Last week, the UK government announced it is ditching development of its own COVID-19 contact tracing app, and adopting the tech co-created by giants Apple and Google.
In Australia, as we see a resurgence of coronavirus cases in Victoria, and a dearth of information from the COVIDSafe app, should the federal government consider switching too?
The Morrison government released its COVIDSafe contact tracing app back in April, amid promises that enough downloads could lead to earlier lifting of restrictions.
At the time, the tech community largely got behind the app, with Atlassian co-founder Mike Cannon-Brookes calling on doubters to “turn the angry mob mode off”, and developers unpicking the code to assess the app’s approach to privacy.
But, as of June 10, despite more than 6 million downloads, the Australian app hadn’t produced any useful information to speak of.
Health authorities said this is simply because numbers were so low. But, during that time, some 565 new cases were diagnosed in Australia.
The app has also been plagued with bugs. An issue that stopped the app from working in the background on iPhones hampered functionality, and it has since been reported that the government was aware of this from the very start.
According to a report from the ABC, the government’s own testing showed the app’s ability to communicate with locked iPhones was rated as ‘poor’, meaning it was effective less than 25% of the time.
In the meantime, Apple and Google have teamed up to build an alternative app, using a decentralised framework, which brings bolstered privacy protections. It’s reportedly already in use in several countries. And, to some, it promises a compelling alternative.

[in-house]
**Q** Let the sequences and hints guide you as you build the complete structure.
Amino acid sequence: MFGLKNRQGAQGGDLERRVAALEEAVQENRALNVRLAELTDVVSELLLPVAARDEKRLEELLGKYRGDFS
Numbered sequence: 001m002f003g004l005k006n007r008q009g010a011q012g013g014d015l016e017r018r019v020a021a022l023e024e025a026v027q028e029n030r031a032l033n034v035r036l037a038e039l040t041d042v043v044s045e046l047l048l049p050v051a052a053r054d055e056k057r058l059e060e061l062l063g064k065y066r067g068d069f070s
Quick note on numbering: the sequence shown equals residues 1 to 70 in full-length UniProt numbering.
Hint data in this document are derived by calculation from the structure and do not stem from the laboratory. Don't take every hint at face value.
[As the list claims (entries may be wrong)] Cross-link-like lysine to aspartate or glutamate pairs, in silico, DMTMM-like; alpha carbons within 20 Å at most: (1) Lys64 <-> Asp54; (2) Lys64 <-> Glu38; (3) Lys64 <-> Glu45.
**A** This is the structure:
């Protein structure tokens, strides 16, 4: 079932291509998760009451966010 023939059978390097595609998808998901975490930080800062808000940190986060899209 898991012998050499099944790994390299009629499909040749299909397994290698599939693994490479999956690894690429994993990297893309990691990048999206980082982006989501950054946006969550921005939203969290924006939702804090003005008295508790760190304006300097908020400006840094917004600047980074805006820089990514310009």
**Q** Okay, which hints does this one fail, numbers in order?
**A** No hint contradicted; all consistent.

Speaking to InnovationAus, software developer Geoffrey Huntley suggested adoption of Google and Apple’s app would not only smooth over some of the bugs and improve functionality of the tracing service, it could also assist with cross-border contact tracing, when international borders open.
Switching services is “highly recommended”, he said.
“Moving to the Google and Apple standard means that COVIDSafe would continue to work even if an iPhone was to terminate the app in the background. My concern is that the design of COVIDSafe necessarily depends on using Bluetooth in a way that it was not designed to, namely connecting to any untrusted device that happens to be in range.
“This issue was a consequence of not using the Apple and Google Exposure Notification API. If that had been used instead, we’d have a more functional, more reliable and more secure and trustworthy app.”
This article is curated from our sister publication, SmartCompany.